Netanyahu: Ultra-Orthodox, Smotrich 'do whatever I say'

Where else would he pull mandates from? Ultra-Orthodox parties, and the Religious Zionist party, all of whom do "whatever I want."

Prime Minister Benjamin Netanyahu and Health Minister Yuli Edelstein seen during the vaccination of the two million recipients, in Ramla, January 14, 2021.  (photo credit: TOMER NEUBERG/FLASH90)
Prime Minister Benjamin Netanyahu and Health Minister Yuli Edelstein seen during the vaccination of the two million recipients, in Ramla, January 14, 2021.
(photo credit: TOMER NEUBERG/FLASH90)
Hours after Netanyahu put his efforts into pulling in as many Arab votes as he could, he set a new target: Ani Shulman, a new party representing the interests of Israel's self-employed.
In his efforts to assure the group that it is worth it to join his coalition, he said that the other groups expected to join his coalition, the ultra-Orthodox parties, and the Religious Zionist Party of Bezalel Smotrich "do whatever I say," in a leaked video obtained exclusively by N12.
Ani Shulman was founded in 2019, and today holds over 200,000 self-employed Israelis.
Netanyahu reportedly offered Ani Shulman head Abir Kara a prominent position in the Likud. When Kara refused, the meeting, which was leaked, was called.
They might join with Naftali Bennett's Yamina, or even form their own party, ahead of a coalition majority of 61 needed for the upcoming March elections.
When Netanyahu was asked by the group how these elections would be different when it comes to representing their interests, he responded, "Who is playing with you? Am I playing with you? Did I not help you? I almost completely sacrificed my political career to help you, not twice, not three times, but four times.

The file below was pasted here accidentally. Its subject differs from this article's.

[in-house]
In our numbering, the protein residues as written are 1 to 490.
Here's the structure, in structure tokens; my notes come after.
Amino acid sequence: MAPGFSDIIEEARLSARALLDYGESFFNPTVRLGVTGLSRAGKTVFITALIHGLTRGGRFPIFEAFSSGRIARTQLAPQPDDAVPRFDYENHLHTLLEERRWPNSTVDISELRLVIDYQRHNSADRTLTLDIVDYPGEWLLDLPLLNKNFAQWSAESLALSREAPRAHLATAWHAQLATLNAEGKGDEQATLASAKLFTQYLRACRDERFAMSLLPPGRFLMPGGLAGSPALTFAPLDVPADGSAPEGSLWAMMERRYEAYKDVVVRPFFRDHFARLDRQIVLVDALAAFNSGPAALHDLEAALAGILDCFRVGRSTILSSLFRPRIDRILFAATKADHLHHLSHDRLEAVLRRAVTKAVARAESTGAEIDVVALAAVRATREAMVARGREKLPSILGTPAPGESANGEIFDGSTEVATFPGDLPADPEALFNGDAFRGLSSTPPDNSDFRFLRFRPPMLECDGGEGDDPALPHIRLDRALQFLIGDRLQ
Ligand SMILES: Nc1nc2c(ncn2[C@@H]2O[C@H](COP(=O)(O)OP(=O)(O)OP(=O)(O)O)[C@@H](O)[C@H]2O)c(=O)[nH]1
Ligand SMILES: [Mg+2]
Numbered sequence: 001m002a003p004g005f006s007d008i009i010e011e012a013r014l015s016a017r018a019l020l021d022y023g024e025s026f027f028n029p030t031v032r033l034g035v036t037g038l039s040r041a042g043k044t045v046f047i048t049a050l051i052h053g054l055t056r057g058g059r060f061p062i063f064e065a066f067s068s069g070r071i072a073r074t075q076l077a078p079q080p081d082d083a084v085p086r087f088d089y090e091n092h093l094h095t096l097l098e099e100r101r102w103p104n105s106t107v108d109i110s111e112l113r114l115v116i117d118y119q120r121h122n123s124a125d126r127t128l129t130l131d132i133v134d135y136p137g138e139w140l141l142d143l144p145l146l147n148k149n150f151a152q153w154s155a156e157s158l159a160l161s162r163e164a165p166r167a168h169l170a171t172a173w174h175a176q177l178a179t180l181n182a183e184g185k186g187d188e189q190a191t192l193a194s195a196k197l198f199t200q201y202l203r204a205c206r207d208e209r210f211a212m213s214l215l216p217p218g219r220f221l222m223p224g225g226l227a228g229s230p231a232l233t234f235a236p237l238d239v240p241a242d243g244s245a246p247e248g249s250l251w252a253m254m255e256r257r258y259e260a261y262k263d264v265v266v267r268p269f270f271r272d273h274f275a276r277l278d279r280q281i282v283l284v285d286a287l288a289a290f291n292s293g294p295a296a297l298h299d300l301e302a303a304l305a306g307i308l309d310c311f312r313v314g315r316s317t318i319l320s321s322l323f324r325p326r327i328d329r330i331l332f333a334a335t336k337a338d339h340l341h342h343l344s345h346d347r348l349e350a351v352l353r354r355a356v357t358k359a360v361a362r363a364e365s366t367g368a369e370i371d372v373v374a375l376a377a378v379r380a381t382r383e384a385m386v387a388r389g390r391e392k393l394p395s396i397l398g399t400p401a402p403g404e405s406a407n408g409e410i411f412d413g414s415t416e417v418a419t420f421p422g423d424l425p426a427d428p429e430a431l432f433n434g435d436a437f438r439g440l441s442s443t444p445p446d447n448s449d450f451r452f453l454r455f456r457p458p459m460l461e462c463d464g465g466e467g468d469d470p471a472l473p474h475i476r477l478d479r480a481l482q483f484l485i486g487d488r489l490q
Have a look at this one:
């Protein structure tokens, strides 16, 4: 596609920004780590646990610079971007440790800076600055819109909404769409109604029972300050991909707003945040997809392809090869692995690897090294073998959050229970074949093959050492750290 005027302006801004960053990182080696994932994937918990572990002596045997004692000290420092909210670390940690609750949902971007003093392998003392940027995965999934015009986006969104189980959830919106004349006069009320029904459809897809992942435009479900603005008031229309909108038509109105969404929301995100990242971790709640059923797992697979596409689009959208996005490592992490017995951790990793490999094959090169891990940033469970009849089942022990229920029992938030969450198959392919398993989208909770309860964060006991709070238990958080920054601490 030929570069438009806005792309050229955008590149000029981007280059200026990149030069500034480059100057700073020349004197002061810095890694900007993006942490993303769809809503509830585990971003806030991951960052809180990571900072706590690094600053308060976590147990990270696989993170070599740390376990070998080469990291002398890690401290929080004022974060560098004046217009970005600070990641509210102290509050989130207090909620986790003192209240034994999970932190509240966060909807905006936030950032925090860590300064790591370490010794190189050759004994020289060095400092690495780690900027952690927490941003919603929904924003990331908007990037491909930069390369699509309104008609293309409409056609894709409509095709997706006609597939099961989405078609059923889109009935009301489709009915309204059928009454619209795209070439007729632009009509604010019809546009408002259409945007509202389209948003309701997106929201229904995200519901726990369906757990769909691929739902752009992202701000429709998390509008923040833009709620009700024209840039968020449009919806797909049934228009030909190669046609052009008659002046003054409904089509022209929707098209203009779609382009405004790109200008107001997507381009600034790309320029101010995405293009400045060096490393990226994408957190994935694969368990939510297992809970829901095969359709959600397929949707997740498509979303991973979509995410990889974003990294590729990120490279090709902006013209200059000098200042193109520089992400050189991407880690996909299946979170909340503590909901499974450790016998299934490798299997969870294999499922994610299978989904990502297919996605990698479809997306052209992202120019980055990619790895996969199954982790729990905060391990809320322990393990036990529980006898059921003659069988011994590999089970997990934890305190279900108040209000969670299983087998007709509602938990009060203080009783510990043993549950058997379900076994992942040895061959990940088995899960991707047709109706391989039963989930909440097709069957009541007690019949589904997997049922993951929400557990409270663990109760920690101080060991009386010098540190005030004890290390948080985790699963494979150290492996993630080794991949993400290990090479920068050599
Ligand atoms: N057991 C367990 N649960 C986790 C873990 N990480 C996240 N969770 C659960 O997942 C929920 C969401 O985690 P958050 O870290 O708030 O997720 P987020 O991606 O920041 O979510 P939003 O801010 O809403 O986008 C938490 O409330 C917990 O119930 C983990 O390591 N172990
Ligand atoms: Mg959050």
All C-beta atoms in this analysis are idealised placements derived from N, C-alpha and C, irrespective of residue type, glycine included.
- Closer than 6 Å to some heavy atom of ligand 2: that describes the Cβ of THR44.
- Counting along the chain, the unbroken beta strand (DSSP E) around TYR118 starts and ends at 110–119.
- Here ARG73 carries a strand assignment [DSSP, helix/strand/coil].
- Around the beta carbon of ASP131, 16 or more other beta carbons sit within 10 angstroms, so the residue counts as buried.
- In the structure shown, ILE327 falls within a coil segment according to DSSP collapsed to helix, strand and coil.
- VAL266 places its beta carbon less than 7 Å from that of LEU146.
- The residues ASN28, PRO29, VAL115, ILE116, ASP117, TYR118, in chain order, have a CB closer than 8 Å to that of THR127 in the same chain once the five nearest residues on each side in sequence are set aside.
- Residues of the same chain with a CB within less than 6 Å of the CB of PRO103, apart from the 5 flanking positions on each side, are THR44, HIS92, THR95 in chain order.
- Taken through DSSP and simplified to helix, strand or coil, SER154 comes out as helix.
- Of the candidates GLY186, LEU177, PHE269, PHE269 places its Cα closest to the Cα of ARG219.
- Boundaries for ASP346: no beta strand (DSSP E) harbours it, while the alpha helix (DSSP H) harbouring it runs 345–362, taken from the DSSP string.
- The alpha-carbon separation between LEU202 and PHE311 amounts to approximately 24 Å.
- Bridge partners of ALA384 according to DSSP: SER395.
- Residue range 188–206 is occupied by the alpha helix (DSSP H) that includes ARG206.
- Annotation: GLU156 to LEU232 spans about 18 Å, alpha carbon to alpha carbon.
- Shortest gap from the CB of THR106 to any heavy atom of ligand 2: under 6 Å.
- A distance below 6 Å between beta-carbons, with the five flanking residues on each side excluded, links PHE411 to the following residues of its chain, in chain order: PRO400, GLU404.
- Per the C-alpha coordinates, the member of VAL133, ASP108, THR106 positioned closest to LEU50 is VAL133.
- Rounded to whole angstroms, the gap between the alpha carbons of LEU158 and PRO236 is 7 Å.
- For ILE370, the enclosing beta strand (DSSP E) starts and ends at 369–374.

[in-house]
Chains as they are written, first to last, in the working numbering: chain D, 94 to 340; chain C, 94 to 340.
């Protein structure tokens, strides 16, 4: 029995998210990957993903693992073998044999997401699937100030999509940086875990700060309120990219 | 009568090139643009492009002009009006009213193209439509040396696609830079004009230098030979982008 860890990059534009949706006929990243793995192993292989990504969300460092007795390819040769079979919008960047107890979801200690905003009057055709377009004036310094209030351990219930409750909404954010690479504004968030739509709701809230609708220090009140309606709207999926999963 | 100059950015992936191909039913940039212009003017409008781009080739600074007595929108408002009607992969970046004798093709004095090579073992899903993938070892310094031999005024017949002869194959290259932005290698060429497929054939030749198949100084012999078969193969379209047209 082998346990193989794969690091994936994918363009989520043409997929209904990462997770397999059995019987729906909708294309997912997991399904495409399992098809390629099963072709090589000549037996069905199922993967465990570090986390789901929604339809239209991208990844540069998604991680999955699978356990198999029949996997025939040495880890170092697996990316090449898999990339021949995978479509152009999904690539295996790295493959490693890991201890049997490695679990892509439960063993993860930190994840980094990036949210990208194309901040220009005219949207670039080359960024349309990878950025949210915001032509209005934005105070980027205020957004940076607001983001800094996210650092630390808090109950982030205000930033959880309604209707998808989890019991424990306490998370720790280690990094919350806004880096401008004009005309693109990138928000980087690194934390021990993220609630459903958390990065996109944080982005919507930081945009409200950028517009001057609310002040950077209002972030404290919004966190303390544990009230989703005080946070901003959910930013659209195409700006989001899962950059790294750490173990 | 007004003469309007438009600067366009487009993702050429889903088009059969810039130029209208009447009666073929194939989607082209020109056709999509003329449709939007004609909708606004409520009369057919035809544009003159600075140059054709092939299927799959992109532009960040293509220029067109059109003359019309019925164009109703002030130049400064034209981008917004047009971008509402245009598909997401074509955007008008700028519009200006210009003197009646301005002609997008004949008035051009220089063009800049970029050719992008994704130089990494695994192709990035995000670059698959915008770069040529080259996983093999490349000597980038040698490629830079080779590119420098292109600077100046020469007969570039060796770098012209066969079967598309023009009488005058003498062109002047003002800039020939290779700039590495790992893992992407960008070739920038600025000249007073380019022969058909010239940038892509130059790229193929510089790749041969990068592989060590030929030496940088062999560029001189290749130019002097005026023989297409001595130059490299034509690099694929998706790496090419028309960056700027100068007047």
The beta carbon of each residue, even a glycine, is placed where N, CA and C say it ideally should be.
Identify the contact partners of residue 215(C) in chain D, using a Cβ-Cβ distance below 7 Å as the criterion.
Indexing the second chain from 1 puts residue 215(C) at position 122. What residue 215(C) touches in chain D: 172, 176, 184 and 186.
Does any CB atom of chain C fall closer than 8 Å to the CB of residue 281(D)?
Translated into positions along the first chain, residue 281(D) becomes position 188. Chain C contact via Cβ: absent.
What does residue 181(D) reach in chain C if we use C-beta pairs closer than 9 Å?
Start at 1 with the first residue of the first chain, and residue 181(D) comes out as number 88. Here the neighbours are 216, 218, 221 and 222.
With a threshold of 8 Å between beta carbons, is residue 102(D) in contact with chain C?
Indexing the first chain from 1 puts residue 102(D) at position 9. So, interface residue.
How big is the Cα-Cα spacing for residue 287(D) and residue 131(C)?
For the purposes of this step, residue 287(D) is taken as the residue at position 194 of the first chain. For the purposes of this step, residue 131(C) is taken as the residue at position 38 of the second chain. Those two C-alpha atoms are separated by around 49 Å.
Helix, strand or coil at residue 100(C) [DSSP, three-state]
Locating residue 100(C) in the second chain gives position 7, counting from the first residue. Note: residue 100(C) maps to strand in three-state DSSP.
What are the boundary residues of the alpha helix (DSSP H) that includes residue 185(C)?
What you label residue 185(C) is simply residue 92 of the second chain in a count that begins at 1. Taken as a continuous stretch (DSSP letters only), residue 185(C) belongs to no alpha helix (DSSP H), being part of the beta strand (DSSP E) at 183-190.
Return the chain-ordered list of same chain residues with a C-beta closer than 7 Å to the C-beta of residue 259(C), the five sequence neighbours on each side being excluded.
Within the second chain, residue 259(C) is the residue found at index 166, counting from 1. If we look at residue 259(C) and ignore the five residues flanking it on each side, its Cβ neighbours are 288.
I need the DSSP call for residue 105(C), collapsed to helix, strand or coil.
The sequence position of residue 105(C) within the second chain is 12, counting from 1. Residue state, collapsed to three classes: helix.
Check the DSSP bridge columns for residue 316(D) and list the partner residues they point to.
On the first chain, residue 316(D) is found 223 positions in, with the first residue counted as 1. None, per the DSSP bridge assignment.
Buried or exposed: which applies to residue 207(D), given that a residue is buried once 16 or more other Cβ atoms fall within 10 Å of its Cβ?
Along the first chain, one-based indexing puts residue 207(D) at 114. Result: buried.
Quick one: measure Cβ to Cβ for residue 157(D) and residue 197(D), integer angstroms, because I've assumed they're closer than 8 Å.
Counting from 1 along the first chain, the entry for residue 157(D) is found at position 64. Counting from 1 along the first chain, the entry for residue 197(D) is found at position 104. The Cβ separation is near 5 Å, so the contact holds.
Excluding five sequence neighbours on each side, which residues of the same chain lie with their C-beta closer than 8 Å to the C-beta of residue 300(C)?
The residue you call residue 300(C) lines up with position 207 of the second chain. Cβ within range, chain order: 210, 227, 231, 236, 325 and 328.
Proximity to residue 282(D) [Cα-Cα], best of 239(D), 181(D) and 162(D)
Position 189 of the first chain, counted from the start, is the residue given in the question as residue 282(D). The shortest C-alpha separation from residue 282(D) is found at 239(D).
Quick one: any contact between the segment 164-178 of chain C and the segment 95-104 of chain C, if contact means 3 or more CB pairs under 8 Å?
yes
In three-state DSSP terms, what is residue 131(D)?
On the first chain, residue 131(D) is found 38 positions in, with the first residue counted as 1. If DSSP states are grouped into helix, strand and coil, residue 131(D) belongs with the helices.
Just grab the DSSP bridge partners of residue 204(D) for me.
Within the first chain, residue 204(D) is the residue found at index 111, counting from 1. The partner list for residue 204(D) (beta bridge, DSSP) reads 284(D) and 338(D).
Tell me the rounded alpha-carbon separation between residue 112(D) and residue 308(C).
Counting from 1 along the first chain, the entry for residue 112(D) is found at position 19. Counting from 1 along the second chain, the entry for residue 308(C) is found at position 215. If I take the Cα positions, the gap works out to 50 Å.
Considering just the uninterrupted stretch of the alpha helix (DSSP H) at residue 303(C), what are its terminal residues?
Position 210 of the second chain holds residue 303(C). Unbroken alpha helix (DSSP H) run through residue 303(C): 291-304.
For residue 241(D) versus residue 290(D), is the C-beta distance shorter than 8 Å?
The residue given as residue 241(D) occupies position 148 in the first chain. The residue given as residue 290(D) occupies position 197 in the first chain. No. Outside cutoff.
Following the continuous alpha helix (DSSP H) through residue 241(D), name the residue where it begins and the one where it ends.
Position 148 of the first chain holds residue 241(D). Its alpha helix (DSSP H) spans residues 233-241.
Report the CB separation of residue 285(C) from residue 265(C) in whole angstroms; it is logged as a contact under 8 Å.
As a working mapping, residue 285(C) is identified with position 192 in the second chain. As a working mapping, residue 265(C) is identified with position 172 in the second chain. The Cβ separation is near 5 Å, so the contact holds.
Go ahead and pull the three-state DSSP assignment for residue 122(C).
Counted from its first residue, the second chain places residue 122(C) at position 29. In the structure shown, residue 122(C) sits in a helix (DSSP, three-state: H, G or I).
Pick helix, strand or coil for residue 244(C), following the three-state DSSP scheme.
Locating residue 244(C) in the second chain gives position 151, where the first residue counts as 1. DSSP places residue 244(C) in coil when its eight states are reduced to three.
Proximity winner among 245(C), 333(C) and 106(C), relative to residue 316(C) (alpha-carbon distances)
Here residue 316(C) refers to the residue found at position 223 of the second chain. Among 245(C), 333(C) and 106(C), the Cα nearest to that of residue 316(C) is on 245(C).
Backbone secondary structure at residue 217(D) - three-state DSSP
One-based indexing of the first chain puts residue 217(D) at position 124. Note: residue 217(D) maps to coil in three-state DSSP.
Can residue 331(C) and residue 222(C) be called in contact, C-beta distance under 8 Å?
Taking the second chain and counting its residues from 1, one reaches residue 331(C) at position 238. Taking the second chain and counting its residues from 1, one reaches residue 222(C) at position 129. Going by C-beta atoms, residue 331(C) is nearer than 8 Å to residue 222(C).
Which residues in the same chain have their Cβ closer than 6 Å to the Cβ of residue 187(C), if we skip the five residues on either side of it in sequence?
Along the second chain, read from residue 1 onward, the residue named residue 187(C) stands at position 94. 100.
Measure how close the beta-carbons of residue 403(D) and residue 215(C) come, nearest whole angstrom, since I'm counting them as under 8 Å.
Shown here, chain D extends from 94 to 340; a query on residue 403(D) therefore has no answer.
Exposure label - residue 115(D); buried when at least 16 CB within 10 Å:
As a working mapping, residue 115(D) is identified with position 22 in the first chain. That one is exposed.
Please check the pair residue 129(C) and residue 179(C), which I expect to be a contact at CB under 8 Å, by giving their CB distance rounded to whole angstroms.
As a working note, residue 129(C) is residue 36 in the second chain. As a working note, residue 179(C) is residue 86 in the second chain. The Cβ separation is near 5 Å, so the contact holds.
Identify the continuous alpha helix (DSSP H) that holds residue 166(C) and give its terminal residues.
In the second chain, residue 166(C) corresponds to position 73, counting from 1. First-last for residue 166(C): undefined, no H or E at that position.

"I come from you, I understand you," he added.
Among their demands were a refund for business taxes and tending to those who didn't receive the coronavirus stimulus package.
Netanyahu cast the blame on other figures, including legal assistants and former Likud MK Moshe Kahlon. Kahlon had previously served as Finance Minister.
In trying to woo the Ani Shulman vote, Netanyahu discussed his political vision for the coalition win: without the figures he ran with before, but running off of the success of his handling of the coronavirus.
"I have one thing different this time [this election]: the coronavirus," he said.
He warned that, should they not join him, they are endangering the unity of the 61 majority that he is convinced he'll get, endangering the coalition.
He told them that he reckons he could pull 41 mandates from support for his coronavirus management, as well as from Arab voters, something he attempted to do on Wednesday in Nazareth, breaking headlines for the protests against his visit.
Where else would he pull mandates from? Ultra-Orthodox parties, and the Religious Zionist party, all of whom do "whatever I want."
The Ani Shulman representatives insisted that they have certain demands that don't require a coalition to enact immediately.

Jerusalem Post Staff contributed to this report.